A wildlife preserve in Washington County was among many places hit hard with flooding in the past week, but no matter how sunny and dry it is now, the staff is dealing with the loss of more than just property. The Seacrest Wolf Preserve in Chipley is mourning the loss of two of their wolves...one killed in the flooding and one that escaped.
"We lost one of our most beloved wolves, Forest, the kissing wolf, who loved all visitors and touched the hearts of everyone that visited Seacrest. But we lost Forest, he's buried under the mud slide", said Cynthia Watkins, owner of Seacrest. One beloved wolf gone forever and one missing for more than three days now. "And one of the rarest specimens in captivity, Chaco, he's escaped."
The dry and sunny weather has helped the staff start picking up the pieces, but the damage is far more than a quick fix. "The recent storm had a catastrophic effect on Seacrest, as you can see the dam broke here on the arctic enclosure where there was a large lake, and the flood swept through the center part of the entire 15 acres of habitat which is the heart of the wolf preserve, taking down fences and creating havoc and devastation in its wake", said Watkins.
But they will rebuild, using only volunteer labor and fixing only what they can afford, "we depend on donations and sponsorships and the generosity of donors to keep Seacrest up and running", said Watkins. The fence acts as a barrier to keep the different species of wolves separated, but in the British Columbia wolves enclosure, where Chaco was during the storm, the fence also acted as a border to the outside world to keep the wolves in and the snakes out.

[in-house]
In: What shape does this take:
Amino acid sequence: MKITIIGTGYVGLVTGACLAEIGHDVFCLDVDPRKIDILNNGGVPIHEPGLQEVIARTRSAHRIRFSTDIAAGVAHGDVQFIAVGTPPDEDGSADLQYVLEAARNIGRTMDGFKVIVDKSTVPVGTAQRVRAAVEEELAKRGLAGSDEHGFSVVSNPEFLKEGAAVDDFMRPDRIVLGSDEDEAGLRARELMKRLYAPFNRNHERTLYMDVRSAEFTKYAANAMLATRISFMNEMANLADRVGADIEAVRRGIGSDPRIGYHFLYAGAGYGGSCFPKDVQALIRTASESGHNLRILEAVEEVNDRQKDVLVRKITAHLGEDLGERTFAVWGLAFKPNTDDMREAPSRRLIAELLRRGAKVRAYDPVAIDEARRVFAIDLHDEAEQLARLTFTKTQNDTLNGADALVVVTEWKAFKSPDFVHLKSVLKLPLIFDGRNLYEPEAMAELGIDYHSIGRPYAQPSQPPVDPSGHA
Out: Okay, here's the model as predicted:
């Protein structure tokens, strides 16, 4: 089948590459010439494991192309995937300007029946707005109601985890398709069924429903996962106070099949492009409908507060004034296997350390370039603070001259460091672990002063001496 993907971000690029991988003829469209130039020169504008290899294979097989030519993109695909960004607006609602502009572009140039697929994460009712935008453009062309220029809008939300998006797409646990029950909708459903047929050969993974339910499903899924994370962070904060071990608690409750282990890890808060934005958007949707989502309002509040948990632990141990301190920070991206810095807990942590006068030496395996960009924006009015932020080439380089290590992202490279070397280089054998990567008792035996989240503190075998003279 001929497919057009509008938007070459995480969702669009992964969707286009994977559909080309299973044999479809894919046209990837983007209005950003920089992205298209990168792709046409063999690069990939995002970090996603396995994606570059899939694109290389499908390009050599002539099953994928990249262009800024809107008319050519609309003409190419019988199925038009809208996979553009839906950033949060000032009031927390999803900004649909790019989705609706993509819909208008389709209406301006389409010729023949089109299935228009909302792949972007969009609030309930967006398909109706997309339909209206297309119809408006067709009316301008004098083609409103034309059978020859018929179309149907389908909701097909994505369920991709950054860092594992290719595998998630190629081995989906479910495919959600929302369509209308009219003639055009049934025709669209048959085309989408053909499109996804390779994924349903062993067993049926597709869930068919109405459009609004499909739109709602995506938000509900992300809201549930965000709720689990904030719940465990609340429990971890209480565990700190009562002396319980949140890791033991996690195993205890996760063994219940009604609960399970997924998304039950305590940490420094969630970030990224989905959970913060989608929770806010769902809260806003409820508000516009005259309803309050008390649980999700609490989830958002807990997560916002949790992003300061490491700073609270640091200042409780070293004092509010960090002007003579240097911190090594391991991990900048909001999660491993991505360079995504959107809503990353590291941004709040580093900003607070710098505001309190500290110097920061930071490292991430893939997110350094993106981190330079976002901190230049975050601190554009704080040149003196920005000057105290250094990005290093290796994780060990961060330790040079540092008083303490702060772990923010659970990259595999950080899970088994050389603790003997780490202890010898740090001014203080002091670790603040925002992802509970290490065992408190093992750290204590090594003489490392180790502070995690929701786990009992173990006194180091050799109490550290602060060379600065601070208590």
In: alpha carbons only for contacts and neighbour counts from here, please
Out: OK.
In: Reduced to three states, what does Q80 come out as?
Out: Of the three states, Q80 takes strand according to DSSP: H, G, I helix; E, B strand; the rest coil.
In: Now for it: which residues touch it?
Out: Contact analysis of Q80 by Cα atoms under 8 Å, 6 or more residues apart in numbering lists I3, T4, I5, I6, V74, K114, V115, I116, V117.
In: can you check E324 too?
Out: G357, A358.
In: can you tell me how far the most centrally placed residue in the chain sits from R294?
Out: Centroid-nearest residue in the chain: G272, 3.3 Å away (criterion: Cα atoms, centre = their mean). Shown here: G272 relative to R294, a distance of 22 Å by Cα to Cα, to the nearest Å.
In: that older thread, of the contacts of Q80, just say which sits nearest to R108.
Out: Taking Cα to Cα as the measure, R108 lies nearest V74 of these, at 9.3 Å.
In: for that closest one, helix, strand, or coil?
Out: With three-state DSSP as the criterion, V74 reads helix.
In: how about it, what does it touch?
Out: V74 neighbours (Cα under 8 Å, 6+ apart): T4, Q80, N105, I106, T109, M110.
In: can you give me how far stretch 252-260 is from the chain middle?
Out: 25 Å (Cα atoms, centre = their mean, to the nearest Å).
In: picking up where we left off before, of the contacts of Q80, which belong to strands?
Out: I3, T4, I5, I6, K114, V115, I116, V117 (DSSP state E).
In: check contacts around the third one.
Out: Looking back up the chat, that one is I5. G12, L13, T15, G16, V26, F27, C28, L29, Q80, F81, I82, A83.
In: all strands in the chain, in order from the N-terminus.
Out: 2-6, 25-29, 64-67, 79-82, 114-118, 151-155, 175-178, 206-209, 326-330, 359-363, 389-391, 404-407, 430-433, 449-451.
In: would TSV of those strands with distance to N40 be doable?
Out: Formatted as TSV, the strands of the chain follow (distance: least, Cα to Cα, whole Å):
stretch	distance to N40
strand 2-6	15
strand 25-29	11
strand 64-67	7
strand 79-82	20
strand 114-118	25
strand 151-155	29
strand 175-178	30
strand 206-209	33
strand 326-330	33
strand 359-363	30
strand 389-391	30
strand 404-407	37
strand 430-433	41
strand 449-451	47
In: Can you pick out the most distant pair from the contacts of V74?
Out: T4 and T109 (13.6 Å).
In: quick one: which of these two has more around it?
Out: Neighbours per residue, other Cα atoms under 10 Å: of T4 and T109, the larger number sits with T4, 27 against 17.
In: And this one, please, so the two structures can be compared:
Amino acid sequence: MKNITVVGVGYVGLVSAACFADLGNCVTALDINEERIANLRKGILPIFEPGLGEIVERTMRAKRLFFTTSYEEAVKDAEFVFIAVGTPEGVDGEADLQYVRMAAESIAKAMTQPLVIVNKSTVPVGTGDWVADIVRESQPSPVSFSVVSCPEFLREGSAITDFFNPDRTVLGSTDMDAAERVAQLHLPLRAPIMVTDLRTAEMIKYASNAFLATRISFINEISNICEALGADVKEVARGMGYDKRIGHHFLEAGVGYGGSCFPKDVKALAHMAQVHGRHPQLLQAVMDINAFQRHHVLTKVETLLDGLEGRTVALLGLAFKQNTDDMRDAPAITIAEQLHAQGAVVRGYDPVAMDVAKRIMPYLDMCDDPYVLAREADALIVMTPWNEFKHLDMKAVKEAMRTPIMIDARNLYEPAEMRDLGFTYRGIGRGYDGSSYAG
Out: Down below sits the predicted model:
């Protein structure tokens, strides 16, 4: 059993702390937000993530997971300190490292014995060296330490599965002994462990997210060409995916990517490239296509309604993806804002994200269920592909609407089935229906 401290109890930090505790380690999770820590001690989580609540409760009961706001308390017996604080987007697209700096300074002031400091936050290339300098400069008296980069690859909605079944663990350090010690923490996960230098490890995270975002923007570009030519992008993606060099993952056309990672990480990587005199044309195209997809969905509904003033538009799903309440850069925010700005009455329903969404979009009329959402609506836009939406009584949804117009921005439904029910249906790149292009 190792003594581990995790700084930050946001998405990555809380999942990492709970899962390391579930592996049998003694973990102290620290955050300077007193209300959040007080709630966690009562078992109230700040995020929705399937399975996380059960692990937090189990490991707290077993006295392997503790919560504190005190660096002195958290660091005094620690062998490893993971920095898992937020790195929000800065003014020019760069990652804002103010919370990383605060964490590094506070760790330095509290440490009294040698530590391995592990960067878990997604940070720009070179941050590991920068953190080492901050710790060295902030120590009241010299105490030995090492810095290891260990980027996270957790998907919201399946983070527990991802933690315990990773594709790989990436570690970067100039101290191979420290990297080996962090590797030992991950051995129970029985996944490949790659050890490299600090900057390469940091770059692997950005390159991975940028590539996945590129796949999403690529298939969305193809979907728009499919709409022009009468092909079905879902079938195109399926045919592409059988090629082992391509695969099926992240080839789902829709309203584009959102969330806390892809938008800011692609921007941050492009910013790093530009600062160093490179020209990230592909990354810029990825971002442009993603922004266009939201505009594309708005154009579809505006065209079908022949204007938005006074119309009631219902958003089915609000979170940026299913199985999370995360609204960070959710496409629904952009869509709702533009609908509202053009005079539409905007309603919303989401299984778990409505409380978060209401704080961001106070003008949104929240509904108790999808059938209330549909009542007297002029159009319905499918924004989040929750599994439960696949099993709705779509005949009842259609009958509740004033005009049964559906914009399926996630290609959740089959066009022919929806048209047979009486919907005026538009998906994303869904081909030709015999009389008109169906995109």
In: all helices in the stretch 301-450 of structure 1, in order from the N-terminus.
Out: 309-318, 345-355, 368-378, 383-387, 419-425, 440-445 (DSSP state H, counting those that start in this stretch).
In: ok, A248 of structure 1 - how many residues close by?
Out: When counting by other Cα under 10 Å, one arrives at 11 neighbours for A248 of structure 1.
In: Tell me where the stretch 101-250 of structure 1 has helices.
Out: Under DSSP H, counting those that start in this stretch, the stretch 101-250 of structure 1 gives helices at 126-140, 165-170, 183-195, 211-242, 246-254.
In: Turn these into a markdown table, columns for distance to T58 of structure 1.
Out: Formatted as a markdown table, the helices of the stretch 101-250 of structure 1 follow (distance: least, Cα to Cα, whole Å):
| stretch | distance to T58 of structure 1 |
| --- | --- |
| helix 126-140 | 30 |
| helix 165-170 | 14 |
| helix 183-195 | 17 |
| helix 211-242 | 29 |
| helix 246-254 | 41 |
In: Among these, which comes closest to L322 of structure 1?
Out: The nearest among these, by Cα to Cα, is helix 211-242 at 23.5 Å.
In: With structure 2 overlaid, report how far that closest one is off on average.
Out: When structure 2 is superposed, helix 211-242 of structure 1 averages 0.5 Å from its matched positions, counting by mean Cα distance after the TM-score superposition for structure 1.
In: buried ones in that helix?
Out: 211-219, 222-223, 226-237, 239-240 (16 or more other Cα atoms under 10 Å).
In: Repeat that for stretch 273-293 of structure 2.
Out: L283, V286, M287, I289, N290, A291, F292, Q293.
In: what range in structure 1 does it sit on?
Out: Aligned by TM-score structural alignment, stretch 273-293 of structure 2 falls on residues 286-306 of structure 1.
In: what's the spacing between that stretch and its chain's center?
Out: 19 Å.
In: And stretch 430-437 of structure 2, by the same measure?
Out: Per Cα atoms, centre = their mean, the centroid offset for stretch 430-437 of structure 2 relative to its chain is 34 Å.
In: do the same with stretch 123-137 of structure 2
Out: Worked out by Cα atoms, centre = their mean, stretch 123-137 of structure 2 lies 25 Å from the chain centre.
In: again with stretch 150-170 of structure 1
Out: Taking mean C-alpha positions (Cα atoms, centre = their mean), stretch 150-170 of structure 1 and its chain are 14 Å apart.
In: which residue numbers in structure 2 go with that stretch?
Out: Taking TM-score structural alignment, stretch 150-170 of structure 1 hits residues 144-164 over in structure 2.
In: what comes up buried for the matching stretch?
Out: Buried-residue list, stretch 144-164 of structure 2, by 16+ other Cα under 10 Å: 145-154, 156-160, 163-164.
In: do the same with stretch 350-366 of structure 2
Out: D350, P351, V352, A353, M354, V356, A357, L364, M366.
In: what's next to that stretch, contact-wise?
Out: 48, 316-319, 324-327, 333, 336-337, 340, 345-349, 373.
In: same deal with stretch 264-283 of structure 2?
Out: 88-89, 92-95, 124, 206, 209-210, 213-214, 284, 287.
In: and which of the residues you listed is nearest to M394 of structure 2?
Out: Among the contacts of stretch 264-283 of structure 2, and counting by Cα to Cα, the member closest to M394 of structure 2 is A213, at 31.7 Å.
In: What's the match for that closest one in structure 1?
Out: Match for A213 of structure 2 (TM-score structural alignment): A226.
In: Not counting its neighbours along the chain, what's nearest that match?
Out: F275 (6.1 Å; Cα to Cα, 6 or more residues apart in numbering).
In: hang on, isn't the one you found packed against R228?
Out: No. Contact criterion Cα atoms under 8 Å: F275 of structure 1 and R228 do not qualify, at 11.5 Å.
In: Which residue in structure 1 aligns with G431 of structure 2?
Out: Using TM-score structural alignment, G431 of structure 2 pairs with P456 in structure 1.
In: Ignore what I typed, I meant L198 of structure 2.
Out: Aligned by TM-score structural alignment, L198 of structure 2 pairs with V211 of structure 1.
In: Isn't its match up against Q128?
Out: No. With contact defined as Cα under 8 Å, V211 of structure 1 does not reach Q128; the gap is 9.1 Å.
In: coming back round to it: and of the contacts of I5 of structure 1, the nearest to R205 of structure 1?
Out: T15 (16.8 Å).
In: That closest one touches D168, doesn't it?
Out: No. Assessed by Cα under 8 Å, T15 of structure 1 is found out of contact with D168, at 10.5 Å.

"We have not been able to release all of the wolves back into the open enclosure, since the devastating flood we have been working around the clock to patch the cross fencing", said Watkins. But the staff and the volunteers at Seacrest will continue working to rebuild the only home the wolves have ever known. Watkins said, "most importantly, for the wolves their health their comfort and reproducing for them and beautiful serene habitat for them to live. That's our main goal."
Florida Fish and Wildlife Officials are looking for the missing wolf but he's not dangerous to people or other animals.